The Washington PostDemocracy Dies in Darkness

Opinion The honest truth about political leaders’ dishonesty

Republican presidential candidate Donald Trump speaks during a campaign event at the Myrtle Beach Convention Center on Tuesday, Nov. 24, 2015, in Myrtle Beach, S.C. (AP Photo/Willis Glassgow)
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Buried within recent research by the Pew Research Center on Americans' distrust of government are some telling numbers about how incredibly little we esteem our elected officials.

The report, released last week, asked respondents to what extent they felt certain words ("lazy," "patriotic") describe political leaders, business executives and the typical American. Just 23 percent thought "intelligent" described their elected officials very well. A full 41 percent said the word "selfish" is a particularly apt description for government leaders. And just 8 percent of the more than 6,000 respondents said the term "honest" suitably characterizes the people we elect to lead us.

Even more unsettling than how poorly political leaders fared was how they compared against other groups. Respondents rated business leaders better on every trait except patriotism—never mind all those massive executive paychecks or CEO double-speak about job cuts. Even the "typical American" was seen as more honest and less selfish than government officials were.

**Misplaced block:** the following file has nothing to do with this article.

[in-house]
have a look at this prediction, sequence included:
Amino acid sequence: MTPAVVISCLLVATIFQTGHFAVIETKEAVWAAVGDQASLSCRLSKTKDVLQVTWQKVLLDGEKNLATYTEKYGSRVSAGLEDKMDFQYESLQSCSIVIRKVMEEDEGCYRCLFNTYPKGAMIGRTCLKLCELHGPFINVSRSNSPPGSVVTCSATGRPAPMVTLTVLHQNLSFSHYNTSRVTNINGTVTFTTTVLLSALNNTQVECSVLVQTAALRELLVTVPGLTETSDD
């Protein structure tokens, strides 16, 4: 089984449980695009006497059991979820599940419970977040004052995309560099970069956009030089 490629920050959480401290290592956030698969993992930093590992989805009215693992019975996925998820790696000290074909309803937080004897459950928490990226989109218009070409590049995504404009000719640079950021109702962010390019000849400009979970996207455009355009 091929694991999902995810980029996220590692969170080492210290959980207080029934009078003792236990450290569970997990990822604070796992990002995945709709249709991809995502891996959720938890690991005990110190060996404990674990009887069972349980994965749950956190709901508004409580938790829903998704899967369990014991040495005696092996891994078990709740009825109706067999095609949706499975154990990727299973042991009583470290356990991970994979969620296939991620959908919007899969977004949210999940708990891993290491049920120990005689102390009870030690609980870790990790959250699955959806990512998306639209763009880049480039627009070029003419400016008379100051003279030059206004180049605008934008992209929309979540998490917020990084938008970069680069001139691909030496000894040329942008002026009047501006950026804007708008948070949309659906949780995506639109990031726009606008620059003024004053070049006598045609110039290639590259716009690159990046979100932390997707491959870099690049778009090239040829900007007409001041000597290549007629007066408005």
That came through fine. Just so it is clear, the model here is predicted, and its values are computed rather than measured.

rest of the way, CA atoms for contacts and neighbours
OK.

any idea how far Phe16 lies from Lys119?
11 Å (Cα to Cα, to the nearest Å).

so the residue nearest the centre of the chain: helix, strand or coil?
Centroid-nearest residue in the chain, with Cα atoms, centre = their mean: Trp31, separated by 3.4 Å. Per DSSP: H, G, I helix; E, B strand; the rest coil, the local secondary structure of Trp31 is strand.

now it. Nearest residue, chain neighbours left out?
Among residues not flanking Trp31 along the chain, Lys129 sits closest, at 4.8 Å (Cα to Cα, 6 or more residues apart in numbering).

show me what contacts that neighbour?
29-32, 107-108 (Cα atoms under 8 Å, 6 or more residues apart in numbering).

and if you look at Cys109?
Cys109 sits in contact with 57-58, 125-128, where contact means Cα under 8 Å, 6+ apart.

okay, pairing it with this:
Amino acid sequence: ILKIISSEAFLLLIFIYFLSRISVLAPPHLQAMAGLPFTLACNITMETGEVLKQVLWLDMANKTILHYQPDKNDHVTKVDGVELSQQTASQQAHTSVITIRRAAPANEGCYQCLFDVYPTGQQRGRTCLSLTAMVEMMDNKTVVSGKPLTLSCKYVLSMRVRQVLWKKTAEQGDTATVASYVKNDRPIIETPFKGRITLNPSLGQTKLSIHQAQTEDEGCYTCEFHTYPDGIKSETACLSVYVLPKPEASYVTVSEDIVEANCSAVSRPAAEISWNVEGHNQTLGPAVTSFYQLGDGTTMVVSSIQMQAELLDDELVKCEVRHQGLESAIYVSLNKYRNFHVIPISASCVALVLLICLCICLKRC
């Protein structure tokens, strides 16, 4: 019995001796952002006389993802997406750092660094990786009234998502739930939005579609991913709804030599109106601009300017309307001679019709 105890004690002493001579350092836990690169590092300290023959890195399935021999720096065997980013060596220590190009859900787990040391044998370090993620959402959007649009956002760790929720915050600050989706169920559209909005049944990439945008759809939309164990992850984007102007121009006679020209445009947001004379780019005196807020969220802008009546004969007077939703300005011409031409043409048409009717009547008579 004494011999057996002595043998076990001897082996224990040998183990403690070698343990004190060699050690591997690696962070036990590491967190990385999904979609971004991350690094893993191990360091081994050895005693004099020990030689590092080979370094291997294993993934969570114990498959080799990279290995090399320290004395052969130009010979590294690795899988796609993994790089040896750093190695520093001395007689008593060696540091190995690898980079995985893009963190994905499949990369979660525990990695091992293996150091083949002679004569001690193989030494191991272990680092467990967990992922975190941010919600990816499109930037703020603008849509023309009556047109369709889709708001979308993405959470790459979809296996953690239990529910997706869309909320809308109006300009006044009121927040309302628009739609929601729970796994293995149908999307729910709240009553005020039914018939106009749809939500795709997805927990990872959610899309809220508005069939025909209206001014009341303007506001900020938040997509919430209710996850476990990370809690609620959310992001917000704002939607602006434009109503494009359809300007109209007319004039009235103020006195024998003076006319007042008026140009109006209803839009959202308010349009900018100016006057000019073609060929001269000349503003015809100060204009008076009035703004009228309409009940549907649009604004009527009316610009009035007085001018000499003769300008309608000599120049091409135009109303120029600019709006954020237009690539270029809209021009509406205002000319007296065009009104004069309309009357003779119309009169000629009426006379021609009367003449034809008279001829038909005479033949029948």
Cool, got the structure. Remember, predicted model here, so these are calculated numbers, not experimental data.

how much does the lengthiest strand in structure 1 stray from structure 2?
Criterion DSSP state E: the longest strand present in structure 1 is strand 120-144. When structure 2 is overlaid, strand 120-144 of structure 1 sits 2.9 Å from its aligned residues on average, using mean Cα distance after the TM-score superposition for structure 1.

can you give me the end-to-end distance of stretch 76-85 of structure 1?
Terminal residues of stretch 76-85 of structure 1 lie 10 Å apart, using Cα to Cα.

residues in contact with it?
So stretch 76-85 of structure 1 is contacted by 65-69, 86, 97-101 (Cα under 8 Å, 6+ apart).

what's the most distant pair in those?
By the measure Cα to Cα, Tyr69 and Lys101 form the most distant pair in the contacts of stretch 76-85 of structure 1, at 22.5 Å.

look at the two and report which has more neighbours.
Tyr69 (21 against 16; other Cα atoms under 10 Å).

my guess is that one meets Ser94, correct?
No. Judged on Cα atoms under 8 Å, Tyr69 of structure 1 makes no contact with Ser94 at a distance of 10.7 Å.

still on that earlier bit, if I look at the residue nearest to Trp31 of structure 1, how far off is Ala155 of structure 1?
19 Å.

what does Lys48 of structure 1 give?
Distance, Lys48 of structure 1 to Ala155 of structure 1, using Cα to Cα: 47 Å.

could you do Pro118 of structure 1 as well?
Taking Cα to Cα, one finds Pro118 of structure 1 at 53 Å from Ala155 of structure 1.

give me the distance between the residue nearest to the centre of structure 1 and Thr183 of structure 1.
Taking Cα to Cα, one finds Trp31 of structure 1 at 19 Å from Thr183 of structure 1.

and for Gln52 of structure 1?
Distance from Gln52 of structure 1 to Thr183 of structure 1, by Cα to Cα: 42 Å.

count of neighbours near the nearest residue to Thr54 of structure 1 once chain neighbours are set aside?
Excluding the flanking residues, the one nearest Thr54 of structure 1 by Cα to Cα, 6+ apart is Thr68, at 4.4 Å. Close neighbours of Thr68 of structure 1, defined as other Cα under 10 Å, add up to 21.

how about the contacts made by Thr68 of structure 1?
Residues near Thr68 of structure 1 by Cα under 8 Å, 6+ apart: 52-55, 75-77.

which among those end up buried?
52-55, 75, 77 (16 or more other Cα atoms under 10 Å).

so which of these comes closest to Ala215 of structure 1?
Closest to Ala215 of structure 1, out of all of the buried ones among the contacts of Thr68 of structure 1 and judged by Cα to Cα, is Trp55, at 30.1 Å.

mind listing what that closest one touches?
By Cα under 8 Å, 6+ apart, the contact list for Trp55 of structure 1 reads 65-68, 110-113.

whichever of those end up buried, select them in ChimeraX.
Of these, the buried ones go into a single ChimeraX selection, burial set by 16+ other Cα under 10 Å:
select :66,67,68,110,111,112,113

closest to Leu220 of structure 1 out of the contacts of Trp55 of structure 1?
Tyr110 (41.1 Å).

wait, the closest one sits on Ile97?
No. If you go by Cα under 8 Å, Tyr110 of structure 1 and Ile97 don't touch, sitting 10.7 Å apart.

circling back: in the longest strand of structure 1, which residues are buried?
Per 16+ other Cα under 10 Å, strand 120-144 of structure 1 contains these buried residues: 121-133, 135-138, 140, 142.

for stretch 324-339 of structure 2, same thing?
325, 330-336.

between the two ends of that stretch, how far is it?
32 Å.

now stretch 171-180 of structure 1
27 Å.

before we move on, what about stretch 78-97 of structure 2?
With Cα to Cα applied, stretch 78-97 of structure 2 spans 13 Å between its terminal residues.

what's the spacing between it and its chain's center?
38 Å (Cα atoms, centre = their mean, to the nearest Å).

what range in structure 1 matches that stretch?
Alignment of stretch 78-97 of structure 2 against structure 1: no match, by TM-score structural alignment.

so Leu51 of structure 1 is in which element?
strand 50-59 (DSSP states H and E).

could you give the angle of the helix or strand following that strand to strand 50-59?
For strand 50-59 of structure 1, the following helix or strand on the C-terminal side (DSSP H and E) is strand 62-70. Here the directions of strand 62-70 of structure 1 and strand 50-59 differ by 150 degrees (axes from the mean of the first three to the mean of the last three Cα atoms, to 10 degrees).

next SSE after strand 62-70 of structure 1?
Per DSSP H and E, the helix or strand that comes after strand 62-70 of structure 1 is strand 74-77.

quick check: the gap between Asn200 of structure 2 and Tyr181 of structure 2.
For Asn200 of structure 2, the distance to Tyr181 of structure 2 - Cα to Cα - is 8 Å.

This likely will surprise no one. For years, Gallup polls have put members of Congress at or near the bottom of a stack of other professions when it comes to honesty and ethics—ranking below bankers, lawyers and even car salespeople for their levels of integrity. In 2013, only lobbyists fared worse.

Still, it's a revealing reminder about why some of the current presidential candidates seem not to be getting hurt by flouting the fact-checkers. Donald Trump has tweeted out homicide statistics that PolitiFact has called "wildly inaccurate" from a nonexistent crime source. Carly Fiorina spoke about there being images in a Planned Parenthood video during the second GOP debate that have been debunked. Ben Carson's tale of his "full scholarship" offer to West Point has been called out.

Why is this happening? Yes, trust in the media, the traditional arbiter of disputes over what's true and what isn't, may have fallen. But it appears that our standards for the honesty and ethics of elected officials have fallen, too—so far, in fact, that we simply no longer expect much from people in political office or those who hope to attain it.

Our political leaders are supposed to be the best among us. They're supposed to be the ones with the highest levels of ethics and integrity, the least selfish and the most intelligent. But in many cases, the inverse has become true, and a self-reinforcing loop of dishonest rhetoric stands to make it much, much worse.

This year's fast-and-loose playing with the facts is built on a sinking standard of what we expect from our leaders—and their growing willingness to spin the truth or outright deny it. Each time they do it, too many of us become just a little more immune, and a little more willing, unfortunately, to look the other way.

Read also:

How Pope Francis defines a good political leader

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